Authentic Voices In and Beyond the Classroom

rvanwesterveltGuest blogger Rus VanWestervelt, a Centennial High School teacher, has been teaching writing in Howard County public schools since 2003. He also is a columnist for the Towson Times, an adjunct professor of writing at Towson University, and holds statewide workshops and conferences in journaling, publishing, and empowerment through writing. You can read his selected works at

In a typical Howard County classroom, a student listens to her English teacher sharing the details of a writing assignment about fear. The first draft is due at the end of the week.

The student remembers seeing something come across her newsfeed from Little Patuxent Review (LPR) about a publishing opportunity, and she opens the app on her phone to review the submission guidelines.

It’s the same contest that the teacher posted outside of her room last week, and it’s a perfect fit for the assignment she’s just been given.

She goes right to her Daybook and flips back to that brainstorming activity she did in the beginning of the year. She finds a perfect coming-of-age story, a seemingly average tale of going to the movies with her friends. She knows the deeper story, though. It was the first time her parents let her go to the movies alone after some guy in Colorado opened fire on a theater filled with moviegoers.

She pushed to go as a means of independence and breaking away from mom and dad; once she was there, though, the fear was so great that she couldn’t even watch the movie. Her terror had consumed her.

She turns to a fresh page in her Daybook and starts writing a raw draft. It will be a fine piece for the school assignment, and she knows it will be an important piece for a larger audience, should LPR pick it up.

At the end of class, she waits for her peers to exit the room, each receiving a nod or acknowledgment from the teacher standing by the door. When it is finally her turn, she smiles and says, “Do you already know what you are going to write about?”

The teacher holds up two fingers. “I have narrowed it down to two: when I was hit by a drunk driver and when I discovered that I was going to be a mom. Fear was definitely a part of those experiences. You?”

She holds up one finger. “Movie theater. With friends. Right after that Colorado tragedy.”

“Powerful,” the teacher responds.

“Yeah. I think it’s time to write about that. I think I’m ready.”

The student heads to class, already thinking that her next essay could be about the courage she needs to write this piece. Maybe that will be the next prompt, she wonders, and disappears around the corner.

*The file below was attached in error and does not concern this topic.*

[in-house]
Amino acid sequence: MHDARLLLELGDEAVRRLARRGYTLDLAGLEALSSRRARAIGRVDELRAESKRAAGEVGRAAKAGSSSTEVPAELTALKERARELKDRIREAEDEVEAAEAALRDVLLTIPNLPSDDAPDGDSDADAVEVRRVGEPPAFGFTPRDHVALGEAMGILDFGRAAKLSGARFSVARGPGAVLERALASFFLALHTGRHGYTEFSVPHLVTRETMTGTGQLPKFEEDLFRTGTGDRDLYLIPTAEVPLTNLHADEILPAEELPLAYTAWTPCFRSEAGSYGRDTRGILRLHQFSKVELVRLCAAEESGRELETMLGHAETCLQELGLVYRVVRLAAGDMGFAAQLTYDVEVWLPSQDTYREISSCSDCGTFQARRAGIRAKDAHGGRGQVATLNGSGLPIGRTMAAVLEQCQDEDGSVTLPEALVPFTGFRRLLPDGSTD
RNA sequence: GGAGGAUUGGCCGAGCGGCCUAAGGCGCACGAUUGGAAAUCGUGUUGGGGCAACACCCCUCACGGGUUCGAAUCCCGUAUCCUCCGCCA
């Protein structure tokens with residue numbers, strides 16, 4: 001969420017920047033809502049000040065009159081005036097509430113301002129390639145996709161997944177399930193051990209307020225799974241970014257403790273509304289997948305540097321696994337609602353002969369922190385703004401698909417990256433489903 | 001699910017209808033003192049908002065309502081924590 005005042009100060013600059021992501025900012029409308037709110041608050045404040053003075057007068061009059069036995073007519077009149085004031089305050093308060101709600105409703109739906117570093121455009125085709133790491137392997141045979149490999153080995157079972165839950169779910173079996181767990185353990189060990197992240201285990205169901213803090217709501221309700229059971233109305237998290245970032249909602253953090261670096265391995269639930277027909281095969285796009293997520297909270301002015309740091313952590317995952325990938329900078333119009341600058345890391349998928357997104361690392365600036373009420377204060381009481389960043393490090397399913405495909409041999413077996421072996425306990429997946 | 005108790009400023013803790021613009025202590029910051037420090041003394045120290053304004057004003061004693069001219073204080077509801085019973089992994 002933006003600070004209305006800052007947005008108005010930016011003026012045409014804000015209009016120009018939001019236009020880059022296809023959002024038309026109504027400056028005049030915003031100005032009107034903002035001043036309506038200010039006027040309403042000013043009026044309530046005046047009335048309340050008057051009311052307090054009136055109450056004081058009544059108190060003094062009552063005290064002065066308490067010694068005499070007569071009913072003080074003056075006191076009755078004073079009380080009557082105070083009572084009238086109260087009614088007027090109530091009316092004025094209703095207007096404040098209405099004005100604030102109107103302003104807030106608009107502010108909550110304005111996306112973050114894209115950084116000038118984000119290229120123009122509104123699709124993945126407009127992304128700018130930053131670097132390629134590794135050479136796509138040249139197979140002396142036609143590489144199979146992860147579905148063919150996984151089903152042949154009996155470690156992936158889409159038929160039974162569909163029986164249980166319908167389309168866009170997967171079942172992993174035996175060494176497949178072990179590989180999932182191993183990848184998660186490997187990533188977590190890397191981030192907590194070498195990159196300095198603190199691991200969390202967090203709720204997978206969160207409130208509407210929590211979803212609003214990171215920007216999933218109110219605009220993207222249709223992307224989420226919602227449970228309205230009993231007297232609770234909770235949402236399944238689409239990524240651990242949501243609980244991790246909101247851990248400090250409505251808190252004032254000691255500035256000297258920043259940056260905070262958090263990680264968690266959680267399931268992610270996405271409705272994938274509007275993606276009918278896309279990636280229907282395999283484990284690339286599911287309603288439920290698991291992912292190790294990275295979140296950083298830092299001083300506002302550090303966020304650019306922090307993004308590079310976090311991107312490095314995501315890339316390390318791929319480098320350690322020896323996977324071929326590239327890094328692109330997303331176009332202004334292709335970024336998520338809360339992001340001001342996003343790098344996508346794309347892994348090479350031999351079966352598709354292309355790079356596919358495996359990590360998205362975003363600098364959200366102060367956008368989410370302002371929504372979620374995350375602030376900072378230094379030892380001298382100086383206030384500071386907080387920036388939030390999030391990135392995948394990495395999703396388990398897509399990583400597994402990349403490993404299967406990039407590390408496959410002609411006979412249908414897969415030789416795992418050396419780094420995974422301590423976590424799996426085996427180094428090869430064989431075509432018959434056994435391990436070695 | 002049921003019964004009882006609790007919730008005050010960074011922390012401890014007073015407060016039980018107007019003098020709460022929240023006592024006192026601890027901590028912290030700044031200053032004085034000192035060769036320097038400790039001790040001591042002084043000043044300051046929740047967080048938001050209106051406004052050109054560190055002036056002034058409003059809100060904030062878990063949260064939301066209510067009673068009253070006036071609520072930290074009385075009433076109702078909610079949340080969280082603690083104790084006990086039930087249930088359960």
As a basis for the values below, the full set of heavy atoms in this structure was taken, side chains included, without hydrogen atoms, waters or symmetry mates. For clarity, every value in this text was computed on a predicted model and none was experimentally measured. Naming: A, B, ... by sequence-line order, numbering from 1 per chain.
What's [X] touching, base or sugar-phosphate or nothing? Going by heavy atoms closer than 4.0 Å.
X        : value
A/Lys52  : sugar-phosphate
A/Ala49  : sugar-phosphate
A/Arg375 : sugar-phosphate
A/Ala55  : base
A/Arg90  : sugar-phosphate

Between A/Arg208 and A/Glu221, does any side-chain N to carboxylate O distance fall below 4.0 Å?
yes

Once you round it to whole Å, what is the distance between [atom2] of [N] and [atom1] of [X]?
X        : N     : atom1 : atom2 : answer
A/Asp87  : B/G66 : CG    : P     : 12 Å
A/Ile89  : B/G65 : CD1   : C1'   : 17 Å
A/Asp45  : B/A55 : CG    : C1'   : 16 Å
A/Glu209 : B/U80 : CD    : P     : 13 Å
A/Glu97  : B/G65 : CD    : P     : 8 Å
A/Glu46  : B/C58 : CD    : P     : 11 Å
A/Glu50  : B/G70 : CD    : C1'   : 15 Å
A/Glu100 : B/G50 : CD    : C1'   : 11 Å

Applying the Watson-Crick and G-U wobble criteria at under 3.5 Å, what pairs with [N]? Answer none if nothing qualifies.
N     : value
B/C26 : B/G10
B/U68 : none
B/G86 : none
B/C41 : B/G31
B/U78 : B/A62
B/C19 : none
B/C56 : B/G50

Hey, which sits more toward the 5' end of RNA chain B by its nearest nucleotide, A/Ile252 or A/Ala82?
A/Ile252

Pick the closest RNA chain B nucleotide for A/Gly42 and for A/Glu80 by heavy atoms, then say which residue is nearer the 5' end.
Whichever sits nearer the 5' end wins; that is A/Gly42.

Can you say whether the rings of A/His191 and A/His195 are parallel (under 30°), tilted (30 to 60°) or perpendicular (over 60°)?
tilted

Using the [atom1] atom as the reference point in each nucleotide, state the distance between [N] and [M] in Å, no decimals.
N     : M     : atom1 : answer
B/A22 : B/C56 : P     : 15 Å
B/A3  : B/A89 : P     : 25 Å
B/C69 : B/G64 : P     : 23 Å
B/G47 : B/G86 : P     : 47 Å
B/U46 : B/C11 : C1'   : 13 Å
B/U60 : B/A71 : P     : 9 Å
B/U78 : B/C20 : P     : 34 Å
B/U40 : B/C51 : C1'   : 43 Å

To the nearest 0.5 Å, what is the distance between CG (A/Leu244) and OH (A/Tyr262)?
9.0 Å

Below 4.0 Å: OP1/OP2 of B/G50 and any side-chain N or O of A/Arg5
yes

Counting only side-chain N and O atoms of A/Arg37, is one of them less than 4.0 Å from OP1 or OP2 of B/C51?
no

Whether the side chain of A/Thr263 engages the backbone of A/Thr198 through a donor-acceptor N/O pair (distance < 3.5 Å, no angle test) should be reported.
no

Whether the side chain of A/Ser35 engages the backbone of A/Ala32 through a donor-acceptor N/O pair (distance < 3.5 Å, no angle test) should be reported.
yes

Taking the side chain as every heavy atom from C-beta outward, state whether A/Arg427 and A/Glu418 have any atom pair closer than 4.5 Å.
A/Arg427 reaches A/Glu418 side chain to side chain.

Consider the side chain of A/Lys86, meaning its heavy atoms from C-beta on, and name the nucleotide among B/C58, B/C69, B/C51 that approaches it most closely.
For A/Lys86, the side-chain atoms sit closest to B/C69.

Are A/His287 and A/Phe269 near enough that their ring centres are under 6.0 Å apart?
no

This scenario is happening often in many Howard County classrooms, where students and teachers are both writing for publication. Not only is the teacher modeling the importance of sharing ideas and words with an audience that reaches deeply into the school’s community, she also is supporting students who want to do something now in effecting change through the sharing of ideas.

For example, Cecilia Hsu is a junior at Centennial High. As she works on her own writing, she posts new writing and publishing opportunities to a bulletin board in the English hallway. The current call for submissions is for The Blue Pencil Online, a student-edited publication for students ages 18 and under, organized by the Walnut Hill School for the Arts in Massachusetts.

In the coming months, Hsu plans on reading at one of the open mic coffeehouses at school, where student-writers share their work, many for the first time. Participating in the open mic allows the students to take the risks that help them overcome the fears that have held them back–even in the classroom.

Hsu and other students get their encouragement from teachers who seek out publication as well. First, you have the bloggers. Science teacher Noel Pauller writes and produces original videos for his students and anybody else interested in science. Second, are teachers who work on collaborative pieces, like educators Bob Leiby and Eric Reisman. They are publishing some of their best teaching practices, both online and in print, with the National Center for Construction Education and Research (NCCER). Third, you have the book-length authors. History teacher Rod McCaslin has penned several books, written introductions, and published many articles on local, national, and international literature and history.

What do all of these writers–students and teachers alike–have in common? They find purpose in sharing their ideas, beliefs, and creative constructions with a larger audience, thus providing authenticity and originality to the bigger discussions that are occurring both in and beyond the classroom. Additionally, they seek out regional publications like LPR that also educate young writers about the business of writing and publishing.

We are already thinkers and writers; now we can be published authors. We must continue to model for our colleagues and peers that what we have to say is essential; our voices should be a permanent contribution to the historical record of our 21st century lives.